A combination of weaker new order growth and stronger job creation helped to alleviate some of the strain on business capacity in March. As a result, backlogs of work across the private sector economy were accumulated at the slowest pace for 12 months.

Pressure on manufacturing supply chains continued to ease in March, with supplier delays the least widespread since October 2020. However, survey respondents continued to note that shortages of raw materials, staff absences and shipping delays had held back production growth. Manufacturers also reported concerns that the Ukraine war would lead to renewed shortages and fragile supply chains in the months ahead. This contributed to a solid degree of inventory accumulation and a further marked increase in input buying across the manufacturing sector.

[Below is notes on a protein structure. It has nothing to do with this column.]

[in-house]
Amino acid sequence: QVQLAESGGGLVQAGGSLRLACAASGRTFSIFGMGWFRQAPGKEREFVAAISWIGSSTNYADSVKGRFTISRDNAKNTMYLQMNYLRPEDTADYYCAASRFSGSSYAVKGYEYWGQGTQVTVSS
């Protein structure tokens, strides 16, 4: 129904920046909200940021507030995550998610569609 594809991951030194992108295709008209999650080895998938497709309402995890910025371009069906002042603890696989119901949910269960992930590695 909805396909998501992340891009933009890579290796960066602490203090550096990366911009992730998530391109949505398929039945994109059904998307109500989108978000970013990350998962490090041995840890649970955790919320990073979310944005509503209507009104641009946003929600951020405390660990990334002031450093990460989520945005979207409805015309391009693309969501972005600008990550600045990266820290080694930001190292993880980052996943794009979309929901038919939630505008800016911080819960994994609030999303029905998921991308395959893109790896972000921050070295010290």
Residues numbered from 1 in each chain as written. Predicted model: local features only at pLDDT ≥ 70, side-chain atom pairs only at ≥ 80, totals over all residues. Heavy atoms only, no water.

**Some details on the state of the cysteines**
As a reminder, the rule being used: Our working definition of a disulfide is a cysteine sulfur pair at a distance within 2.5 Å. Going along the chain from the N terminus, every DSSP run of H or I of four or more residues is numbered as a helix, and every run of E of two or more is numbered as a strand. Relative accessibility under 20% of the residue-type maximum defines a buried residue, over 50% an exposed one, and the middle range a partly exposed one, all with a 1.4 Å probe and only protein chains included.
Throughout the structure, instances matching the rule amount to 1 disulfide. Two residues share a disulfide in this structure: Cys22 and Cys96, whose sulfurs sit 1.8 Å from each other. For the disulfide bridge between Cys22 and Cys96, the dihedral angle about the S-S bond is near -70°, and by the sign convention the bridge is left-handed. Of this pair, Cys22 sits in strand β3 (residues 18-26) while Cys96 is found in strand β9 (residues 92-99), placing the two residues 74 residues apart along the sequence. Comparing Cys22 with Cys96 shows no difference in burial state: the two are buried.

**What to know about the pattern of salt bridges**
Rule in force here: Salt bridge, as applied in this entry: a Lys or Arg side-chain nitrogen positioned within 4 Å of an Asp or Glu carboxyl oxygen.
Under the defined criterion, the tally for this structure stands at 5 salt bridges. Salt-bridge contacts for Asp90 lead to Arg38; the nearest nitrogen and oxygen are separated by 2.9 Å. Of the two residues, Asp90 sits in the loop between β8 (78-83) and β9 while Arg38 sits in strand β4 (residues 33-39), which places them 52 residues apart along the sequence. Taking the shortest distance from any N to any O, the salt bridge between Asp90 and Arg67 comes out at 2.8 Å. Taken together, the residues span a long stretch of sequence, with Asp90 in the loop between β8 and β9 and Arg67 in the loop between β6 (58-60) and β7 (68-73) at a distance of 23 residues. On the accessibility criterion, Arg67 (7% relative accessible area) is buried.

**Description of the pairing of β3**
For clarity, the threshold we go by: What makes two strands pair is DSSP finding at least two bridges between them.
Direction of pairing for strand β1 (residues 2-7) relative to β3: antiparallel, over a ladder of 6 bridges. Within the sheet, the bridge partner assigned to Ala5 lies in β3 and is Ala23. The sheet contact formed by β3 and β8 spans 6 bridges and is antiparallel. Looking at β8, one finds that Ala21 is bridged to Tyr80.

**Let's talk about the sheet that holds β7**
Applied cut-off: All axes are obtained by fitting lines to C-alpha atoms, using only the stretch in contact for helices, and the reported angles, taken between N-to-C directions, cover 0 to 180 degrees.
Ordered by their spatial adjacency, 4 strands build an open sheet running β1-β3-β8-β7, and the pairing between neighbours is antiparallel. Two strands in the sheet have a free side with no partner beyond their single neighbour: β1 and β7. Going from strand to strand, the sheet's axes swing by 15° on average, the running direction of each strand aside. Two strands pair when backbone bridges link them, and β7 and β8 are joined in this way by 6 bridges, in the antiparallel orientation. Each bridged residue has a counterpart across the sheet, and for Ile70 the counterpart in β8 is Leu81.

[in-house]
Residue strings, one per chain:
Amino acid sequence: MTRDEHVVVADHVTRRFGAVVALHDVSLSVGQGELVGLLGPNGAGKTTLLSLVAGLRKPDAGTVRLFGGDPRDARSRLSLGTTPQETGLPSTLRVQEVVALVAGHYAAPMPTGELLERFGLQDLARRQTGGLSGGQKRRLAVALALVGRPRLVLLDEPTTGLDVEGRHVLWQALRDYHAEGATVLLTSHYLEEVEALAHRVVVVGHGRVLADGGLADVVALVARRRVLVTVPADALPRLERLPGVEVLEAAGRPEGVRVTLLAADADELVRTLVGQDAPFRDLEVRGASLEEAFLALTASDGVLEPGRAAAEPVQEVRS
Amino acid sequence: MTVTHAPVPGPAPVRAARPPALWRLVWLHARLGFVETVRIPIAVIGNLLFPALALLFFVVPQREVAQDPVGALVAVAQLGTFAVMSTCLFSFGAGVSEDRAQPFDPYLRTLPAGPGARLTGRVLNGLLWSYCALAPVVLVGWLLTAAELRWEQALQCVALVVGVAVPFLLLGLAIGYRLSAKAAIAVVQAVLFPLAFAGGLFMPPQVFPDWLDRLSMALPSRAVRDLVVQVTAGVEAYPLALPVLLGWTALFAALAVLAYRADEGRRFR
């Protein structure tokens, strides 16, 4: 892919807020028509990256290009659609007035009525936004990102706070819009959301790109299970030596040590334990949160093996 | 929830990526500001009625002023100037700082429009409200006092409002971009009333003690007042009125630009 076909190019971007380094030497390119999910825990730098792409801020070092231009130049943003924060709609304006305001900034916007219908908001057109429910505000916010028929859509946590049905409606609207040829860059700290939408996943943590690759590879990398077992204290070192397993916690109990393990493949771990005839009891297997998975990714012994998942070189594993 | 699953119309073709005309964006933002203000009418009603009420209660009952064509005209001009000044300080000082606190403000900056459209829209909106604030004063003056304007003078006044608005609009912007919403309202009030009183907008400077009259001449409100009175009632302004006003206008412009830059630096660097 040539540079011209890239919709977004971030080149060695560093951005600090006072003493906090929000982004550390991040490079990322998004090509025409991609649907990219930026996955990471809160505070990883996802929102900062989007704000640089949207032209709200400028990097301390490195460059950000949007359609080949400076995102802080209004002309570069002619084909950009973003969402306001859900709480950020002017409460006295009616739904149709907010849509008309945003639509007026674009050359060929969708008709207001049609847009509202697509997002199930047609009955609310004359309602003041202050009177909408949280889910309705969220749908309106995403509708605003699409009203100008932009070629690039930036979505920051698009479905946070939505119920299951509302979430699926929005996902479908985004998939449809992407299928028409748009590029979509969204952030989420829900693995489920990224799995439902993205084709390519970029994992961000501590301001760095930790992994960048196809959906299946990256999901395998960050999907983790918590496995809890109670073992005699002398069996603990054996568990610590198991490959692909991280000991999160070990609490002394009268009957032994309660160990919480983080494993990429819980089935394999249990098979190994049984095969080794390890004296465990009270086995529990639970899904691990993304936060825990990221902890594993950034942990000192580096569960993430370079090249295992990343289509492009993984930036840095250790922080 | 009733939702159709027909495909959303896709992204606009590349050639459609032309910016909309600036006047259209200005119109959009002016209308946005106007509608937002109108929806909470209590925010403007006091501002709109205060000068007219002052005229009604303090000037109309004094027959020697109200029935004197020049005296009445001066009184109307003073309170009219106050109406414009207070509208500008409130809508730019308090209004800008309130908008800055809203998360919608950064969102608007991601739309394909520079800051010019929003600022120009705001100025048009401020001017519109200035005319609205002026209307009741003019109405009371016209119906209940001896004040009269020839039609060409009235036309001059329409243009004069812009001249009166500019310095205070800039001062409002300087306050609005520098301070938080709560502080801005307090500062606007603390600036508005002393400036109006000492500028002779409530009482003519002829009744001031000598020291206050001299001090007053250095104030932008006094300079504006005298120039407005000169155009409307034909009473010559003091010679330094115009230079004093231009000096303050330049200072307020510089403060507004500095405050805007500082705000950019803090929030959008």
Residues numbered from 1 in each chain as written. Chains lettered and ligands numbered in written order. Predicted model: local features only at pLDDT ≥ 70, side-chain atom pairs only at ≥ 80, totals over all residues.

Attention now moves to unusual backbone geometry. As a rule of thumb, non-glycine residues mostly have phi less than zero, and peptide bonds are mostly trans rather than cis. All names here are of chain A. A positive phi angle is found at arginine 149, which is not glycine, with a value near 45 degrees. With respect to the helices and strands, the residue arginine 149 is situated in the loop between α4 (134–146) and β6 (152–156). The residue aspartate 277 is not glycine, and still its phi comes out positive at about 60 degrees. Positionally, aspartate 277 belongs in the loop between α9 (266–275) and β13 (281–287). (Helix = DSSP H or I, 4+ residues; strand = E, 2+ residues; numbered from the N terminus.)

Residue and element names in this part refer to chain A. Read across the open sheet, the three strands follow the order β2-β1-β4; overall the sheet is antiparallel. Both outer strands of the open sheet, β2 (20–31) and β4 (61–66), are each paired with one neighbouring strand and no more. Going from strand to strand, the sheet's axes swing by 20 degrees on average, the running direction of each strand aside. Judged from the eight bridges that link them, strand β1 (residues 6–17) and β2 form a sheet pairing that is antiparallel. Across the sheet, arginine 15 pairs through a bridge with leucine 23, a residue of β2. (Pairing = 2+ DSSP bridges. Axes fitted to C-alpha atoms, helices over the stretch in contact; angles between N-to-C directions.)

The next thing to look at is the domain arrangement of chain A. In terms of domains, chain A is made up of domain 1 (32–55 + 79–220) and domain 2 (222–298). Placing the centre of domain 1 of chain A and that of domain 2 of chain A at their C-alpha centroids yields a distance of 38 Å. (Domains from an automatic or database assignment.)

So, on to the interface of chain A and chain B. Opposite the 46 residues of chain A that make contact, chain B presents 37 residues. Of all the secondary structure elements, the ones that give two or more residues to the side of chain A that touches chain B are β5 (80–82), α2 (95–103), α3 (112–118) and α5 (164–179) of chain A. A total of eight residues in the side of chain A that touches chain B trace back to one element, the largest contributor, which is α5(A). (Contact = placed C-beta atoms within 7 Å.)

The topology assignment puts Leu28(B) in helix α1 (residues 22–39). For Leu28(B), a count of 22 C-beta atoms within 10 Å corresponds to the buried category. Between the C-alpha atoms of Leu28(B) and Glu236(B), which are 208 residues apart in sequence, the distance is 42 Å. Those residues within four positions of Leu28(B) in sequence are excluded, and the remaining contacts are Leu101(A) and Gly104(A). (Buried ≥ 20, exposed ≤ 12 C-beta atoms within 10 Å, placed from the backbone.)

UK private sector firms indicated another rapid rise in their average cost burdens in March, with the index signalling the second-fastest rate of inflation for more than two decades (exceeded only by the peak seen in November 2021). Survey respondents reported an exceptionally wide range of items as rising in price during March, with energy costs, fuel bills, logistics and salary payments the most commonly cited.

Another round of steep cost inflation was passed on to customers in March. Latest data indicated the steepest increase in average prices charged since this index began in November 1999. This was driven by a sharp acceleration in output charge inflation across the service sector as businesses sought to pass on unprecedented rises in their operating expenses.